Tuesday, January 15, 2013

What's Cookin' In the Snake Pit?

Classy Cuisine: Spicy, Boozy, Wonderful

To start with let's look at soup.   Classic.  Hot.  Comforting.
Soup recipes are extremely customizable.  You can easily substitute turkey for chicken in this recipe if you happen to have an overflow of turkey from various holidays.  You can mix turkey meat with chicken stock or vice versa.  It also tastes good with vegetable stock if you want a vegetarian option!

Shaker Chicken Soup

Serves about 6

  • 6 1/2 cups chicken stock
  • 2 tablespoons dry vermouth
  • 2 tablespoons butter
  • 1/2 cup heavy cream
  • 2 cups egg noodles, uncooked
  • 1/3 cup flour
  • 2/3 cup water
  • 1 cup diced cooked chicken
  • 1/2 cup chopped carrots
  • 1/2 cup chopped celery
  • salt and pepper to taste

1) In a small saucepan, combine 1/2 cup of the stock with the vermouth and butter. Bring to a boil and reduce the liquid to about 1/4 cup. The mixture will be syrupy. Stir in the cream, and set aside.
2) In a larger saucepan, bring the remaining stock to a boil. Add the noodles and cook till tender, about 7 to 8 minutes.
3) Mix the flour and water together until smooth, and stir into the noodle mixture.
4) Allow the soup to boil for 1 to 2 minutes, then stir in the cream mixture and chicken.
5) Season with salt and pepper to taste.

Notes: dry alcohol (like Vermouth) is a flavor carrier.  Because the soup is cooked the resulting flavor is richer but not alcoholic.  However you can substitute water or broth for the Vermouth.
You can also substitute dry white wine or in a pinch cooking wine.  Remember that cooking wine has salt in it, so taste carefully before you add salt.  Regular dry white wine usually tastes better than cooking wine. 

So you have your soup.  Maybe some crackers or bread with that.  But what else can you serve?

This next recipe is from CookKnitWine, it is both spicy AND vegetarian!  (And creatively named!)

Black Bean Tortilla Things

1 pkg large flour tortillas
375 ml / 1.5 cups grated cheddar
1 small red pepper
1 small orange pepper
1 avocado
1 bunch of spring/green onions
3 plum tomatoes
1 can black beans - rinsed and drained
250 ml/1 cup frozen corn, thawed
2.5ml / 1/2 tsp cumin
2.5 ml / 1/2 tsp chili powder
salt and pepper to taste
Turn the oven on to gas mark 4/ 180 C/ 350 F. Chop up all the veggies pretty small (small like the corn and black beans) and mix everything (except for the tortillas) together.
Get a pint glass and use it upside down like a cookie cutter to cut the tortillas into as many rounds as you can squeeze out of them.
Tuck the tortilla rounds down into muffin cups.
Fill each cup with a spoonful or two of the black bean stuff -
Then bake for about 12-15 minutes. You want the tortilla cups to start to brown and be quite crisp, and for the cheese to be melted.
Take them out of the pans right away and either serve right then while they’re warm, or let them cool to room temperature on a rack (so they stay crisp) and serve later.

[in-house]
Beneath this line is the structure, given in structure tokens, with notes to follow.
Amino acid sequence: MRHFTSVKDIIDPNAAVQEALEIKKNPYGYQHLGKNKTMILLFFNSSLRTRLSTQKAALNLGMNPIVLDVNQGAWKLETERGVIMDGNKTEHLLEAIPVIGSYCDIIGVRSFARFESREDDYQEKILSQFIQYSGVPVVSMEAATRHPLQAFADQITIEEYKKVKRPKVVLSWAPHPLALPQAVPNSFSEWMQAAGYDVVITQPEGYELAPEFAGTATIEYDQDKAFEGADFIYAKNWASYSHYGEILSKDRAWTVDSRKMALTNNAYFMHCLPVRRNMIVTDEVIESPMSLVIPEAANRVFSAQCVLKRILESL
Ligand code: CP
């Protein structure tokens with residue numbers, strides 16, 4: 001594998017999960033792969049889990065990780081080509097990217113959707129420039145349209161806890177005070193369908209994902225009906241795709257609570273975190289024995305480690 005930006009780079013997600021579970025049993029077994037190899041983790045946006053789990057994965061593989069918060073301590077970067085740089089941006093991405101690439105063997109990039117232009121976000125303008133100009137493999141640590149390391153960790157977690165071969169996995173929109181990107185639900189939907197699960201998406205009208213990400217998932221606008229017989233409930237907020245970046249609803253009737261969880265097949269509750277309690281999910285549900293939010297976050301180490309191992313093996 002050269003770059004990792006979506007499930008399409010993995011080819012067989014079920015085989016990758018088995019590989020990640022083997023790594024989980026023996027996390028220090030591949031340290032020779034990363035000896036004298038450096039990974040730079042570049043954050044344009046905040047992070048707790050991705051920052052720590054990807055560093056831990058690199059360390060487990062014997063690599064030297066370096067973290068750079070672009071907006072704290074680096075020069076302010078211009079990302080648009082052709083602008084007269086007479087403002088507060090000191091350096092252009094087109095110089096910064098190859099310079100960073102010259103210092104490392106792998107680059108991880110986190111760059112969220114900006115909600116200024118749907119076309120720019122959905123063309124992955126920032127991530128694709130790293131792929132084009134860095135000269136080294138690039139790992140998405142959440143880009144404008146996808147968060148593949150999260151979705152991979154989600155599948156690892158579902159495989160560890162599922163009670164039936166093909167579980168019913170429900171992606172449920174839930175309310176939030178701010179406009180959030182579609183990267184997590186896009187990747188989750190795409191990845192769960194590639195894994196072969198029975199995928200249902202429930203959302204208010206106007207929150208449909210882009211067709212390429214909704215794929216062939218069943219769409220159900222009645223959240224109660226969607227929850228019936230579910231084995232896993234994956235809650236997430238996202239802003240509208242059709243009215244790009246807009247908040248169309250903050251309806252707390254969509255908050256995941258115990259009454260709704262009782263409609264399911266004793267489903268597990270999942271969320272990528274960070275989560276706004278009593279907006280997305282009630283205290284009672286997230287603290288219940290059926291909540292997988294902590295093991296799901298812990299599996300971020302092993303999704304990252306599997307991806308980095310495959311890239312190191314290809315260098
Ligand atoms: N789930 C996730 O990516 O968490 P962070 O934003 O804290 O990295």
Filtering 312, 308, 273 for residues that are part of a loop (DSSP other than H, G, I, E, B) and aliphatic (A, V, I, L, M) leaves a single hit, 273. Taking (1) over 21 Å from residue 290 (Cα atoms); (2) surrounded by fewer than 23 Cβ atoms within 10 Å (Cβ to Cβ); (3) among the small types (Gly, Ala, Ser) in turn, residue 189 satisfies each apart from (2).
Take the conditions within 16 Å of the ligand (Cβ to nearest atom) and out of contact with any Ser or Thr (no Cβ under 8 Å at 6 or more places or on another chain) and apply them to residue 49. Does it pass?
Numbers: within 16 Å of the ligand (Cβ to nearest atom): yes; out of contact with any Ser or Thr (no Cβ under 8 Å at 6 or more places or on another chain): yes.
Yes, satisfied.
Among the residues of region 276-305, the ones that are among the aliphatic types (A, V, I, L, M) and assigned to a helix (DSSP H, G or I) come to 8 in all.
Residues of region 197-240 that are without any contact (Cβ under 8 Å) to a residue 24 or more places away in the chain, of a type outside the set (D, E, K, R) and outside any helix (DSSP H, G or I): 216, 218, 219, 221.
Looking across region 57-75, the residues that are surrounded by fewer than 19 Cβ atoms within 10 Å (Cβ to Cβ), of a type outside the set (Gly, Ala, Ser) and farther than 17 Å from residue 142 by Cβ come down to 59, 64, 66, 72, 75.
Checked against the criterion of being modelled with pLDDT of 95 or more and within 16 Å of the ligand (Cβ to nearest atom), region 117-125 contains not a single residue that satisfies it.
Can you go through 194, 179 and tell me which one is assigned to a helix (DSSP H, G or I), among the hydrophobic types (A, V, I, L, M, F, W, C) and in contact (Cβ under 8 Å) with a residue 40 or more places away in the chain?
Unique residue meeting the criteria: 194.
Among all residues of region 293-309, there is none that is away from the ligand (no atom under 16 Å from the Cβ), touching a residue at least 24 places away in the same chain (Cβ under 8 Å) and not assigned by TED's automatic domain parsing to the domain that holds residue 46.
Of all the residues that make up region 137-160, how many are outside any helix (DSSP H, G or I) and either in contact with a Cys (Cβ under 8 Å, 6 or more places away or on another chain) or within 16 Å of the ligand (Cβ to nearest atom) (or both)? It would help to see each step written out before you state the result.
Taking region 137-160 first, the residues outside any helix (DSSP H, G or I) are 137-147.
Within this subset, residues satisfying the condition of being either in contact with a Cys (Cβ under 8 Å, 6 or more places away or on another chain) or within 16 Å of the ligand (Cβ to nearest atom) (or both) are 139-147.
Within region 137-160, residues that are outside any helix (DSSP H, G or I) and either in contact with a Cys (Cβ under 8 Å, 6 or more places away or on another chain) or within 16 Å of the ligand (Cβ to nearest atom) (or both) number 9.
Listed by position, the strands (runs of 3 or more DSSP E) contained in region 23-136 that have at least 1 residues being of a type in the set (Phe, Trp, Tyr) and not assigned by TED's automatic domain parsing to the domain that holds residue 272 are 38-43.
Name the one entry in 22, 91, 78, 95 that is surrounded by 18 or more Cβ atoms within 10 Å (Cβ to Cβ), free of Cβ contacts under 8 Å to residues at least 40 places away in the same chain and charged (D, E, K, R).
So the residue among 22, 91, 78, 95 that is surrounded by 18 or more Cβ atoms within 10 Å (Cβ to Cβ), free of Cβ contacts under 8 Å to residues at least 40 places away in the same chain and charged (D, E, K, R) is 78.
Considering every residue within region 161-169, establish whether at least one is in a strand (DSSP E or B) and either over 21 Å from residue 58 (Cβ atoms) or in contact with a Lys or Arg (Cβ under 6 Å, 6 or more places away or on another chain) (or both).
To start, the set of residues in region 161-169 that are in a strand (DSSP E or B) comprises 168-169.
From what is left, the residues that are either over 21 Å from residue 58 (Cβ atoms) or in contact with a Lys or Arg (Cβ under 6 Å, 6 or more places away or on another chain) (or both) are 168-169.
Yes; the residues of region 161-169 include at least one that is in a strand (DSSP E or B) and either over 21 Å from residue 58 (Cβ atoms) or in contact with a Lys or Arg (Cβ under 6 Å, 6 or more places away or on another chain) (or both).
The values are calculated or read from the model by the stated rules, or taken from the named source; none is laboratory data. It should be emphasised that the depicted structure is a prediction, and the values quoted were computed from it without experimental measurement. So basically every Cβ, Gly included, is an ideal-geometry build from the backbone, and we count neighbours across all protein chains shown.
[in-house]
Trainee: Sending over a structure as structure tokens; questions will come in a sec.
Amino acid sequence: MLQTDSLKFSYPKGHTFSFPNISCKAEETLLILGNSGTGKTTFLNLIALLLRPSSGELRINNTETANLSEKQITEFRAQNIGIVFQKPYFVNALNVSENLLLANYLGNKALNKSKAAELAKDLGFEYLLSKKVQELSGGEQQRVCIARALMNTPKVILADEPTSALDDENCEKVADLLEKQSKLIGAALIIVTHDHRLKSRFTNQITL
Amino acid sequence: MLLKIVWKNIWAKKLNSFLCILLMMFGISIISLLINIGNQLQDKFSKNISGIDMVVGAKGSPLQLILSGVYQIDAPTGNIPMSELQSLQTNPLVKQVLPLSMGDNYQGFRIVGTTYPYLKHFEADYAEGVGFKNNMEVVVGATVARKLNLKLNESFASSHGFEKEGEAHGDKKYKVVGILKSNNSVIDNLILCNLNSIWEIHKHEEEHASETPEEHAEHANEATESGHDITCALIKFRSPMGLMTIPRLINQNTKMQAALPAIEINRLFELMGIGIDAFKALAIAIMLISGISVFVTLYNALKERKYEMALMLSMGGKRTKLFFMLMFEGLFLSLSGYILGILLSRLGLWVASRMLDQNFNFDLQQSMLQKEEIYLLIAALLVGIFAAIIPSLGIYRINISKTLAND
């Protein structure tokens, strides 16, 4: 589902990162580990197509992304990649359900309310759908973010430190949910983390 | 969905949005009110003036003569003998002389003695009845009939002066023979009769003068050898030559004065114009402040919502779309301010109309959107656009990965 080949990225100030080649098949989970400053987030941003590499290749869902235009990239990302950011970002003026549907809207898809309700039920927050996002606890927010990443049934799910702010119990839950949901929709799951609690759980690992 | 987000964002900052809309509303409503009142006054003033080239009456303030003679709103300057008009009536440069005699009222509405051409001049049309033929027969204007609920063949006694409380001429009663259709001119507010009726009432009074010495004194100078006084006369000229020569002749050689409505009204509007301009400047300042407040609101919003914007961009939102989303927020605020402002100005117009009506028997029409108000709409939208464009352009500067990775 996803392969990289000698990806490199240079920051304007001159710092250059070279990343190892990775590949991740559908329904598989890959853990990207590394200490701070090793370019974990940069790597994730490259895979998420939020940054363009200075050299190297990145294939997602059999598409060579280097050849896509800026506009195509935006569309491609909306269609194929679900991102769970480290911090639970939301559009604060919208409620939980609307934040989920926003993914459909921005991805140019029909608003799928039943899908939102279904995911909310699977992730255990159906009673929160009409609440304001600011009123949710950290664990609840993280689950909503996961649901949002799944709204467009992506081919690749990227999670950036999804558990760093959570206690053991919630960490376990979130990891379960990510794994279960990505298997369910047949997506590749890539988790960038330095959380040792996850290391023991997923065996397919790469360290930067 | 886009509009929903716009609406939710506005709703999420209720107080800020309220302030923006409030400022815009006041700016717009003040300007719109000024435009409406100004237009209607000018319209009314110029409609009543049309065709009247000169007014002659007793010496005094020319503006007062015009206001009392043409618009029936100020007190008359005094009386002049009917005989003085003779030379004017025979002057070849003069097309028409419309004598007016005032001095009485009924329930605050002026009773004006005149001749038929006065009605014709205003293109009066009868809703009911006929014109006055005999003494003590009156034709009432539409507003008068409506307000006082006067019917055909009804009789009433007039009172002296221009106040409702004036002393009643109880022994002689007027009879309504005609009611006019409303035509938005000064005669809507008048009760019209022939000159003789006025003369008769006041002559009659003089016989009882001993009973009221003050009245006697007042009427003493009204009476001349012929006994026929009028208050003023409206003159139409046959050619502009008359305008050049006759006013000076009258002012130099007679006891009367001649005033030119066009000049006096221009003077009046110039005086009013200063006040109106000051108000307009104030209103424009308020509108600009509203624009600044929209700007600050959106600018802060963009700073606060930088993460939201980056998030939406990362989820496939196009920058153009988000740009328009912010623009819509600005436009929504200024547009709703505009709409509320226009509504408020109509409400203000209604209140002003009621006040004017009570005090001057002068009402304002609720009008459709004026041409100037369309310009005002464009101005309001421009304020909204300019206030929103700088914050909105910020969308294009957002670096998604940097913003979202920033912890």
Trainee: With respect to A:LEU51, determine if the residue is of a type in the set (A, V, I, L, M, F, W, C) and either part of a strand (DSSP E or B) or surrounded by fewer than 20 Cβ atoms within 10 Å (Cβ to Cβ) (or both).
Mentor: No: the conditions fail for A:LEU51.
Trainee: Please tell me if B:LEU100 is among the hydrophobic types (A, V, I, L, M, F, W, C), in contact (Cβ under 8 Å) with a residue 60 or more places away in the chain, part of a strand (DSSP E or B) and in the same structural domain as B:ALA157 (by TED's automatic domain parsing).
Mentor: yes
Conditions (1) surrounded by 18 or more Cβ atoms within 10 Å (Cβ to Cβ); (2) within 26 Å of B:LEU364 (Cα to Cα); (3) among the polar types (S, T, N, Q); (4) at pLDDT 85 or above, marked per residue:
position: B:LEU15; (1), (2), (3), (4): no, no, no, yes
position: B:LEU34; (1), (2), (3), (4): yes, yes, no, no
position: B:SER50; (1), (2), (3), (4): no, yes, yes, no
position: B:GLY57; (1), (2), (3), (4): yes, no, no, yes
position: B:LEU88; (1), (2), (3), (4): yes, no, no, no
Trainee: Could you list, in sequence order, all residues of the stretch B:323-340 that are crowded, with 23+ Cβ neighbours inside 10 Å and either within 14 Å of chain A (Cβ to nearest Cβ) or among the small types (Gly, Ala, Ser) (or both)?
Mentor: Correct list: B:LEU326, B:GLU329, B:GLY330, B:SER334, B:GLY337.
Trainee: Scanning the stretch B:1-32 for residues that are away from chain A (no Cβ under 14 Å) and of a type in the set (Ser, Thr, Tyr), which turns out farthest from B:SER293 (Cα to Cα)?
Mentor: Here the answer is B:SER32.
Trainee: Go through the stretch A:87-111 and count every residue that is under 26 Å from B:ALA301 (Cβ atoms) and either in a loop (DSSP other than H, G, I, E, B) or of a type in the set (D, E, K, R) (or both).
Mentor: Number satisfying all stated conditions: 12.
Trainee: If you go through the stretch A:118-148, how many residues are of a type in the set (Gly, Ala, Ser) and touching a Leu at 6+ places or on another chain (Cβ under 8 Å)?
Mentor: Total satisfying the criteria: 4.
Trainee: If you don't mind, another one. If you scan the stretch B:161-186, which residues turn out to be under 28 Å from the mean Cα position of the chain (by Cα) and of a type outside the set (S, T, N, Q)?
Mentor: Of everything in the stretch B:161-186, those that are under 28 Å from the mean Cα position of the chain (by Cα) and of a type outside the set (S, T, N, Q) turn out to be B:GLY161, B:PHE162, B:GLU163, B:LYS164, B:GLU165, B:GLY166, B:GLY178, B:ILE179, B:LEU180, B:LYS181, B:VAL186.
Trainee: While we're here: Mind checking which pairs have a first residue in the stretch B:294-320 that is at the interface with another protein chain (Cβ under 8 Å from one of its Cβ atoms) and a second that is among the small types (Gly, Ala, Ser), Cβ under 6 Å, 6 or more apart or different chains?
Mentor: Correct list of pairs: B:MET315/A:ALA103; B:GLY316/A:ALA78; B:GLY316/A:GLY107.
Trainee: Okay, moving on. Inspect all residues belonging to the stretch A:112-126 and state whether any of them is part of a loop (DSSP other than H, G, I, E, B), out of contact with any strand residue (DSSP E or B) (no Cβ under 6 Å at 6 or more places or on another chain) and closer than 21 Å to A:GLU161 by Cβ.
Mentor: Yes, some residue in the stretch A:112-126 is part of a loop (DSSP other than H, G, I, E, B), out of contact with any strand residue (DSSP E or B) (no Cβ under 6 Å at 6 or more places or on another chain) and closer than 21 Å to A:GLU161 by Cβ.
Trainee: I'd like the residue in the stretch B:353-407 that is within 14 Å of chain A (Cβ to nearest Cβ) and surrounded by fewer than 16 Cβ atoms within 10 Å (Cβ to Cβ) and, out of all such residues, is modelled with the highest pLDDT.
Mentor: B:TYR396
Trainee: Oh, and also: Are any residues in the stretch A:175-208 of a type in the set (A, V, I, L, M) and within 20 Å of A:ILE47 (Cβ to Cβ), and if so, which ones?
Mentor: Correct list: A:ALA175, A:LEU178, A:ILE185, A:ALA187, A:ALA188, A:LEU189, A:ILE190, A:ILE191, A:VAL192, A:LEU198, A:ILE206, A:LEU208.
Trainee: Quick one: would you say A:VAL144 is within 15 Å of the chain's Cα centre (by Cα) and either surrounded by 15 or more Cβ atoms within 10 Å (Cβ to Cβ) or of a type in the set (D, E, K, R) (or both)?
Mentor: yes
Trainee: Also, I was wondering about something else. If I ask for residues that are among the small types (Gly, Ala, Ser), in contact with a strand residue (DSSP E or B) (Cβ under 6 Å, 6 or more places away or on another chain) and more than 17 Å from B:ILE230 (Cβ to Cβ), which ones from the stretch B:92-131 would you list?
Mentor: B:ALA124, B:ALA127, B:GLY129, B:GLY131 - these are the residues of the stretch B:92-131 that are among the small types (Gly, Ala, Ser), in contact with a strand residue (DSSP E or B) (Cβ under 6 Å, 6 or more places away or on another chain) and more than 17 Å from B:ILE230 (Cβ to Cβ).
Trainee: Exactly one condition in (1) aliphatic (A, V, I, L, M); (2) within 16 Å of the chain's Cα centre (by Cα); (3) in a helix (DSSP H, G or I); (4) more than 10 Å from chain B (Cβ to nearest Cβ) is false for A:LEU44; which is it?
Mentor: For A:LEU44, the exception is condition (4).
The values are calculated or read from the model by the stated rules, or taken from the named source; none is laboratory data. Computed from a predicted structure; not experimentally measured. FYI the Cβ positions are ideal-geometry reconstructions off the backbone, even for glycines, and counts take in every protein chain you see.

Makes several dozen. I’ve experimented over the years, and I can tell you this. I like them with cilantro in them, but some people don’t - I also like them with extra spring onion and a handful of chopped fresh parsley, and remember to cut things up pretty small. You can put just about anything in them, just don’t make the mix of stuff too wet. I used a whack of salsa one year and things were a little gloopy and the tortilla tart part was damp instead of crispy. You don’t want that. Damp tarts are not good - and yes. There’s a terrible, terrible joke right there, I’m letting it go by. If you’re feeding a slightly more refined (or less diverse) crowd, you can get fancy and mince a hot pepper into them, and I’ve made a really good batch by subbing some blue cheese and broccoli and taking out the avocado and cheddar. It’s hard to go wrong really, and they’ll disappear off the table.
Good luck!

Now we have appetizers/sides AND soup.  Keeping with both the spicy and the boozy theme, this next recipe is from Fosterson!  To top off your meal, try some delectable spicy rum balls!  (also with an option for the innocent and underage)

Fireballs (Spicy Cocoa Rumballs)

12 ounces of iced, crisp gingersnaps, crushed to a cornmeal consistency
1 1/2 ounce finely chopped pecans
3/4 cup confectioner’s (or powdered) sugar
1/4 cup Mexican hot chocolate, crushed to a powder
1/2 cup dark rum (the darker the better)
3 tablespoons molasses (or dark corn syrup)
in addition, you need
1/4 cup Mexican hot chocolate powder
1/4 cup confectioner’s sugar
3 tablespoons turbinado sugar
1 teaspoon cayenne pepper
Combine the crushed cookies, pecans, 3/4 cup powdered sugar, and hot chocolate powder until thoroughly blended. Add the rum and molasses a little at a time until the mixture is thoroughly mixed. It will be a thick, sticky dough. If it doesn’t stick together easily, add a DROP of rum at a time until it does. Once it reaches a good consistency, refrigerate tightly covered for up to 2-3 days. In the meantime, combine the 1/4 cup hot chocolate powder, 1/4 cup confectioner’s sugar, turbinado sugar, and cayenne pepper. Scoop ball mixture into 2 teaspoon sized lumps and roll in the powder mixture. Can be stored up to 2 months in the fridge, if they are lightly misted with rum every 2-3 days to keep them moist.
As always, the nuts and cayenne are optional. You can substitute orange juice and one tablespoon grated orange peel (about the grated peel of one large orange) for the rum to make these kid friendly.

Remember students, don't drink and knit!

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